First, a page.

I want to begin with an observation: we want community as much as ever, but we are finding it increasingly hard to know where to get it. Young Australians report that family and friends are the most important thing to them – more important even than personal independence. And yet they are much less likely to eat dinner and talk with their parents on a regular basis than other countries. More of us are living alone. Overseas, it has been found that Americans have fewer people to discuss important things with than two decades ago.
In previous generations I imagine people used their last names more often than we do now. Now we just have first names, and occupations. “What’s your name?” Andy. “What do you do?” I’m a minister. In other words I am a disconnected individual, with no story, no origins – no last name. Just a first name and an economic function.
And there’s a very real possibility that we could be losing something valuable here. I spoke to a Christian lady the other day who was part of the stolen generation. She was injecting heroin in our church grounds, so I had a cup of coffee with her. (She’s got her habit, and I’ve got my more socially acceptable caffeine addiction – so who am I to judge?) Speaking to her, it struck me that part of the madness and injustice of the stolen generation was that we treated (on the advice of the best sociologists and psychologists) children as individuals whose connection with a family, a clan, a nation was incidental or unimportant. Only moderns could make that kind of mistake.
Community is a precious part of being human. Which is why people often look to church to meet a need – as a place to find belonging, identity, and community.
The church will break your heart
Churches get tax concessions for the same reason football clubs do – because they are seen, by governments, as a cheap way of meeting certain human needs. One of them is this thing called “community”. One man I knew well continued coming to church long after he abandoned historical Christian beliefs, continuing to belong long after he stopped believing.
And yet there is a tension here, because anyone who has actually been in a real church community can tell you that the reality often falls far short of our ideals. I heard someone say the other day that for him, church is both the best and the worst thing about being a Christian. He’s not far off for many people I suspect.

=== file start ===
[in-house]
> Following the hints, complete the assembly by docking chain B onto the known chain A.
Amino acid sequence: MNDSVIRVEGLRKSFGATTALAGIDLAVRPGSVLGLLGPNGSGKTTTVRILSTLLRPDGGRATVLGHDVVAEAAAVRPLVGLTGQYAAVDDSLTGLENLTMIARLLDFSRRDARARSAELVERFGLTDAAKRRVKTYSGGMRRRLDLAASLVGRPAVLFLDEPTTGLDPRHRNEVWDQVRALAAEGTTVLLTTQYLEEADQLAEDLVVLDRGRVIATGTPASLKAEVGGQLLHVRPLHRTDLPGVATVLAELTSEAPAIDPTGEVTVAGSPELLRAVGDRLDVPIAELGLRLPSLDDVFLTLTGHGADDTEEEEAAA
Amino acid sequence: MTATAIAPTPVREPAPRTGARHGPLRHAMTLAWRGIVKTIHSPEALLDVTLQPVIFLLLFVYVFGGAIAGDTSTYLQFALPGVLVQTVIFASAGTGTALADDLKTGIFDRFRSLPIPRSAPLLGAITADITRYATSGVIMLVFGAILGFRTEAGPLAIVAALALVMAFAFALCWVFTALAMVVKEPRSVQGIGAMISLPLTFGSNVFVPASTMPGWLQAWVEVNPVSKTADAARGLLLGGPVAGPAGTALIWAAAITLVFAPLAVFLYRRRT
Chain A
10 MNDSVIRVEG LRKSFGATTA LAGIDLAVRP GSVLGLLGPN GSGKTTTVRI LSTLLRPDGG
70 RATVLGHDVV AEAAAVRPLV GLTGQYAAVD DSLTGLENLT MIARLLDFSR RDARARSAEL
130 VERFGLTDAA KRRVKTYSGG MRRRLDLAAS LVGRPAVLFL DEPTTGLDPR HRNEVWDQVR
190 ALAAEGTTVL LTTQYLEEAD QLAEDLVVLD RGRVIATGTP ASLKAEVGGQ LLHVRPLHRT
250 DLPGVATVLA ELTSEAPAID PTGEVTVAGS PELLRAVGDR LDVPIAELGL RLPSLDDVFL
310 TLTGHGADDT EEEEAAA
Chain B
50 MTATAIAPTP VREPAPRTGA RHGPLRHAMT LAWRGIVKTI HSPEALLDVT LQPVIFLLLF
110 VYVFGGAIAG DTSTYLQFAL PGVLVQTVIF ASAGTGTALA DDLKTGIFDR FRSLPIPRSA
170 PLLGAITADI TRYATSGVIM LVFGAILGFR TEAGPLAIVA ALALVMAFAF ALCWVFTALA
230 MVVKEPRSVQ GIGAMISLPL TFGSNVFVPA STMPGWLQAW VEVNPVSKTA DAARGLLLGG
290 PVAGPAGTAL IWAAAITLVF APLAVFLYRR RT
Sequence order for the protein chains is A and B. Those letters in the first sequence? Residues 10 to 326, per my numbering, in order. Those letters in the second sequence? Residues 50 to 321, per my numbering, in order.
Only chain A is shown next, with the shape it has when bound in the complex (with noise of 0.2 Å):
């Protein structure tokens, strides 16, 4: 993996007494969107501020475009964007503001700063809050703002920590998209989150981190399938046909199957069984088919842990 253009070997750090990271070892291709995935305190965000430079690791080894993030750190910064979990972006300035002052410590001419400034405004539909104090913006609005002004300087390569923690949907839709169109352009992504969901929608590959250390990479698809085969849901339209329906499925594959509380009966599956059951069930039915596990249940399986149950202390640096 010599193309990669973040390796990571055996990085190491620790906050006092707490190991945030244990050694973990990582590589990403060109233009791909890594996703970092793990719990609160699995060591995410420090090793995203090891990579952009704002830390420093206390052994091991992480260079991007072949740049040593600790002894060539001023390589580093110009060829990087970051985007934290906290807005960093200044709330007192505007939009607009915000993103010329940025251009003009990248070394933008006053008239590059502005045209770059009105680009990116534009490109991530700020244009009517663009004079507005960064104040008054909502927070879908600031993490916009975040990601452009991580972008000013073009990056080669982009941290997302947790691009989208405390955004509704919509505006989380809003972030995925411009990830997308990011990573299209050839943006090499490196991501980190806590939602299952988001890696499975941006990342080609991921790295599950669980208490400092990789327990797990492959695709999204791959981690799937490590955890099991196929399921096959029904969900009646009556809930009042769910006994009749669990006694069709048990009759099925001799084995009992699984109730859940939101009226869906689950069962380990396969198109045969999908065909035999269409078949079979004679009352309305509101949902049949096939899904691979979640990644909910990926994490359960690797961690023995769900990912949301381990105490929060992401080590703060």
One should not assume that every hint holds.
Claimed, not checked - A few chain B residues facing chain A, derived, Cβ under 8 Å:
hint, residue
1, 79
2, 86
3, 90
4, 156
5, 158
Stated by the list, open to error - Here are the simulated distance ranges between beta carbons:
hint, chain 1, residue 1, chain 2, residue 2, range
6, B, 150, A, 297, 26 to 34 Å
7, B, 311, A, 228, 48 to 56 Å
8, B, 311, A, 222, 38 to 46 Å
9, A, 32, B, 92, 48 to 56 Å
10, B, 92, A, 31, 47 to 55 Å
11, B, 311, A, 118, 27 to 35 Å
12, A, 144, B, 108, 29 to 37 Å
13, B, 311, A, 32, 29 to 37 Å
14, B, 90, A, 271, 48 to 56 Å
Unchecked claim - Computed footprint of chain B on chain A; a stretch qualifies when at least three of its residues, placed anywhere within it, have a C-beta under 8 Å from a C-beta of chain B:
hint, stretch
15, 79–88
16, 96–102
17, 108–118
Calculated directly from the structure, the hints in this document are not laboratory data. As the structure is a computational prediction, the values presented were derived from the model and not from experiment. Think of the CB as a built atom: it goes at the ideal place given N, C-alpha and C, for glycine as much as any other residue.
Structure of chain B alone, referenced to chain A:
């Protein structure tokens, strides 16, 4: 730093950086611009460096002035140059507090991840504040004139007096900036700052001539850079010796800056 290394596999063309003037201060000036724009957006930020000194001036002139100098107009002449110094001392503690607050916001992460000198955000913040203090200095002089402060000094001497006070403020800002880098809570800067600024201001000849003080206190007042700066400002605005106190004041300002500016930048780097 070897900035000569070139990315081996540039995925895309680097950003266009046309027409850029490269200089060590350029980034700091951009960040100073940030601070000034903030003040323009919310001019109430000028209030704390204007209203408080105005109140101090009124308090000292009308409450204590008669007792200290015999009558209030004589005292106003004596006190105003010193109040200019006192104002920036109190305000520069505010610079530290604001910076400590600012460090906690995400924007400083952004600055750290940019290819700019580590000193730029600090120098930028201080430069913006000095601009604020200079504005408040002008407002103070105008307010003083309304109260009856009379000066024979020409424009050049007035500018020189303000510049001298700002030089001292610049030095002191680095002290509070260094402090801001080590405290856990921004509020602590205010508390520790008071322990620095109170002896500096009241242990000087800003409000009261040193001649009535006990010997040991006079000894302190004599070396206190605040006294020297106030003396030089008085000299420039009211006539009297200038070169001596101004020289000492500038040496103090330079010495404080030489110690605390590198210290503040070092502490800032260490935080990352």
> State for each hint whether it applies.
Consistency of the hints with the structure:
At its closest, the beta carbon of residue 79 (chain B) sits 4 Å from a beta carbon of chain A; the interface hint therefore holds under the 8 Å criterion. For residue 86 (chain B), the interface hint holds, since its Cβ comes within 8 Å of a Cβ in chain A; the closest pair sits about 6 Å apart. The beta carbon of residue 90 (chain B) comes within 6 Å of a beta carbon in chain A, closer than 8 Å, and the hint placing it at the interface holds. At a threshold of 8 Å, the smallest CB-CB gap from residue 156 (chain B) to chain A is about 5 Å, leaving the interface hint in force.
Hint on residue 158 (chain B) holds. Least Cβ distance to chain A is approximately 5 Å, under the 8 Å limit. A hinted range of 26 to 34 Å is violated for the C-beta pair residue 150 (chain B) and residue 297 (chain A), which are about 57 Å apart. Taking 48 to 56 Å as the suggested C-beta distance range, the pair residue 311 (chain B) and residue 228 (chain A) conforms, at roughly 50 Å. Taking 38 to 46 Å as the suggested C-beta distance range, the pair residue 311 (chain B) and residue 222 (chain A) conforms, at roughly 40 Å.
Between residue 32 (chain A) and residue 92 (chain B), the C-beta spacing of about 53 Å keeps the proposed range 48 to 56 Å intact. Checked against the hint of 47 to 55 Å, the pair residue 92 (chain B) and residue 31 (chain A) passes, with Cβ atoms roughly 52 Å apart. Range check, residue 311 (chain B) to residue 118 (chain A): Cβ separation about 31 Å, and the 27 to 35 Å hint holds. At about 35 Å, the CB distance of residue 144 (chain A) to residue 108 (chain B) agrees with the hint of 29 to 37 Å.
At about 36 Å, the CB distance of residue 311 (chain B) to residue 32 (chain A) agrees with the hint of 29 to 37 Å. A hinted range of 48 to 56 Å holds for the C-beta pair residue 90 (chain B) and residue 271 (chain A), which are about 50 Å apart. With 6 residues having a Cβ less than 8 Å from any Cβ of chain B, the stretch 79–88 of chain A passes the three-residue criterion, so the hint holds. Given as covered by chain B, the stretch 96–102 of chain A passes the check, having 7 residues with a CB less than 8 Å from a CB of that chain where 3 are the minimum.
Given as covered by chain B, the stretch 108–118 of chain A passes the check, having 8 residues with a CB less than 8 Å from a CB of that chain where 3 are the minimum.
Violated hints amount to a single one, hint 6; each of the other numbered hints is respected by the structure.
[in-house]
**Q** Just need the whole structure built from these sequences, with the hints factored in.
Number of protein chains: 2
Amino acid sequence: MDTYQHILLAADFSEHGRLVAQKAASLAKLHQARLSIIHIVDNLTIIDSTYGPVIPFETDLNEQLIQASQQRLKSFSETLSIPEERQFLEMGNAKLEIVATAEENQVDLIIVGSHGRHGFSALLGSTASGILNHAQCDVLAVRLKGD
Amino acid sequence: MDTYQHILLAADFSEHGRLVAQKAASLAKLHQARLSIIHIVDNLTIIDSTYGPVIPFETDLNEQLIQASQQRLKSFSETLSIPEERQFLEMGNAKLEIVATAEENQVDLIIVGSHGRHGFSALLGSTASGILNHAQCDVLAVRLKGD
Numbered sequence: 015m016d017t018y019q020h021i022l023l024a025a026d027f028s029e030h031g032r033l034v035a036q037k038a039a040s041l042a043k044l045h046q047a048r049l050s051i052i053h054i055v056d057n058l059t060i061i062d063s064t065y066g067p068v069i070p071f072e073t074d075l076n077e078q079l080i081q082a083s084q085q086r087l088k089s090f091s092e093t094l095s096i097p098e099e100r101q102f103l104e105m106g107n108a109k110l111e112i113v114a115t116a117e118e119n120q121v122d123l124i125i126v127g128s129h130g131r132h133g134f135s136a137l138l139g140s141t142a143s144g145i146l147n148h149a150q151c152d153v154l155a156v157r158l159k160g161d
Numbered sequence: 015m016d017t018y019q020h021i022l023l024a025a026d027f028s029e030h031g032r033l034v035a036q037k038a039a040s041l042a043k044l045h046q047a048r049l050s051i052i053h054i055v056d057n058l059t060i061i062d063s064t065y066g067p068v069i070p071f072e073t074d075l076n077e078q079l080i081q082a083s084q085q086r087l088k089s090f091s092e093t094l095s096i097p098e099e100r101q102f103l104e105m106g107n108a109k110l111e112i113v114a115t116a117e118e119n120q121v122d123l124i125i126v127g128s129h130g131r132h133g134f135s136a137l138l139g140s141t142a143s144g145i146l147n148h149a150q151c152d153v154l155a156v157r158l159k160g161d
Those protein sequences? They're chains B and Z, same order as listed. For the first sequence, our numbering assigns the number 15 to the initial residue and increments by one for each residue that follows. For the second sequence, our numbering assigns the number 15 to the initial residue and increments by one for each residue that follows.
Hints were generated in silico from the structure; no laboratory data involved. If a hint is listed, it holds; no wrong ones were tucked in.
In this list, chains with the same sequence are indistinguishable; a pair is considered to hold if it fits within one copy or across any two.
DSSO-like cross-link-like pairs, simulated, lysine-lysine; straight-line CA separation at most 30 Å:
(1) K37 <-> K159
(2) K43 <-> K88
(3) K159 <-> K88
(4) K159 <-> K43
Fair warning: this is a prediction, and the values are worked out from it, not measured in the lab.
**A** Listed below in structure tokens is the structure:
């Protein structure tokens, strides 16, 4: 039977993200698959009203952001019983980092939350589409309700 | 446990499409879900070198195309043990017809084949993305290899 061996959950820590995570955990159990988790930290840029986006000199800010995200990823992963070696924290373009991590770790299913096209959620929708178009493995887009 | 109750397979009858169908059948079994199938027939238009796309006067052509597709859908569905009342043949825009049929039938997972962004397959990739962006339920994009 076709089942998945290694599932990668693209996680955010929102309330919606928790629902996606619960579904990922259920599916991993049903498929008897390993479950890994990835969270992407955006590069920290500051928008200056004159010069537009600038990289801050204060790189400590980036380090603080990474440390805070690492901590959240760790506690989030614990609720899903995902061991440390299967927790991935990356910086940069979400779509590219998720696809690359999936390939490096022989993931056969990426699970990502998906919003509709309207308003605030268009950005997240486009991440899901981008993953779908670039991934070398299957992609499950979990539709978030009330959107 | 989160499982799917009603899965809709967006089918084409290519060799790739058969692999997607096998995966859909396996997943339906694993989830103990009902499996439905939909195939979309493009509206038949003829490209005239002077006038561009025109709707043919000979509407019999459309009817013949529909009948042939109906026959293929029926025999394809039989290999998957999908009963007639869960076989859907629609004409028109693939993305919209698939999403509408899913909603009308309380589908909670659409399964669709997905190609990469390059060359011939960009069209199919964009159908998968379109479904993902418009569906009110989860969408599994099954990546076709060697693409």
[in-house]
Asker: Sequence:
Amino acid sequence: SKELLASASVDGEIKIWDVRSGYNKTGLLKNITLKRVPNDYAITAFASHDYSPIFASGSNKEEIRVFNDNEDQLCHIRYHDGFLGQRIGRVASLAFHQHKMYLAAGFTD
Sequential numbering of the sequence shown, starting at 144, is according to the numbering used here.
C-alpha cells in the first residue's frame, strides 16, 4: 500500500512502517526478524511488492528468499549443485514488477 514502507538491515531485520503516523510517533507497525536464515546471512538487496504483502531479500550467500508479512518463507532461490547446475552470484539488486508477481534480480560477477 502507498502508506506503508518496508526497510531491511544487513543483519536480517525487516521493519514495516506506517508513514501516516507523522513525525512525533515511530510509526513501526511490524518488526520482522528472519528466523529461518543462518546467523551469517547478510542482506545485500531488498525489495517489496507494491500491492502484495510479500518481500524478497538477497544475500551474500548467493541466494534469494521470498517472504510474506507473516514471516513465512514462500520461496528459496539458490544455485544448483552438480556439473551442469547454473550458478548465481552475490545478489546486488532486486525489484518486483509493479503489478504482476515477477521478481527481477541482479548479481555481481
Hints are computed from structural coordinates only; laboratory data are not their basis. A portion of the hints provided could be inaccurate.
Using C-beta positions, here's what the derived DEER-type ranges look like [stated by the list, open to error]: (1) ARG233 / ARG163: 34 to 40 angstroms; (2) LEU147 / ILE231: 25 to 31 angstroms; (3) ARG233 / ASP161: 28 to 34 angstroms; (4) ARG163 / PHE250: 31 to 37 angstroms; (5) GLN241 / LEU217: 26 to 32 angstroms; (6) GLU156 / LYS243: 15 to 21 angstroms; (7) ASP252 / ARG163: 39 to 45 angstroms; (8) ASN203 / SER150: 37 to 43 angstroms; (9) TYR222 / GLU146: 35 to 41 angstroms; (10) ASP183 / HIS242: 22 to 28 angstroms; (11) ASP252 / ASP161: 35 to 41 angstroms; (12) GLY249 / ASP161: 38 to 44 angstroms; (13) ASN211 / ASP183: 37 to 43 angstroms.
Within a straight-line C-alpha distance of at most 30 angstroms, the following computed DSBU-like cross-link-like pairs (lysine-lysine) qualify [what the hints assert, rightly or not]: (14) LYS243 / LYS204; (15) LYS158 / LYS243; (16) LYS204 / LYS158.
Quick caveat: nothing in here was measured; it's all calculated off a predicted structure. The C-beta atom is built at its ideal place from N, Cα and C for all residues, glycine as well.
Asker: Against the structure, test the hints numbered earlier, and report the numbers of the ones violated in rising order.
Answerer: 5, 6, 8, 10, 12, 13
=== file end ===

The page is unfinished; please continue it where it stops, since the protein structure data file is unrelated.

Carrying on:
It’s sad to look through photos of all the people I’ve done music ministry with over the years who now, less than a decade on, have stopped trusting in Jesus completely. What was the deal breaker for them? For many of them it was disappointment with other Christians.
To love the church will break your heart. For that matter, love anything, and it will break your heart. As C.S. Lewis says:
“To love at all is to be vulnerable. Love anything, and your heart will certainly be wrung and possibly broken. If you want to make sure of keeping it intact, you must give your heart to no one, not even to an animal. Wrap it carefully round with hobbies and little luxuries; avoid all entanglements; lock it up safe in the casket or coffin of your selfishness. But in that casket – safe, dark, motionless, airless – it will change. It will not be broken; it will become unbreakable, impenetrable, irredeemable.” (C.S. Lewis, The Four Loves)
I’m not going to try to convince you that the Christian community is perfect. But I do think it’s precious. Chuck Colson has a lovely image for the church – the church is like Noah’s ark. Imagine Noah’s ark for a moment, with at least two of every kind of animal crammed inside for months with only one guy and his family to clean up the mess. Like some kind of floating zoo gone wrong. Chuck says:
“the stench inside would be unbearable if it weren’t for the storm outside” (Charles Colson, Being the Body, quoted in Why We Love the Church).
Of course you don’t go to church
As an Anglican minister I don’t get invited to parties very often. But when I do, I often get into conversations (once they find out that I am “Andy/Minister”) with people who are Christians, “but I don’t go to church”.
I don’t normally have the guts to say it … but of course you don’t go to church. You are the church. (Or at least part of it.)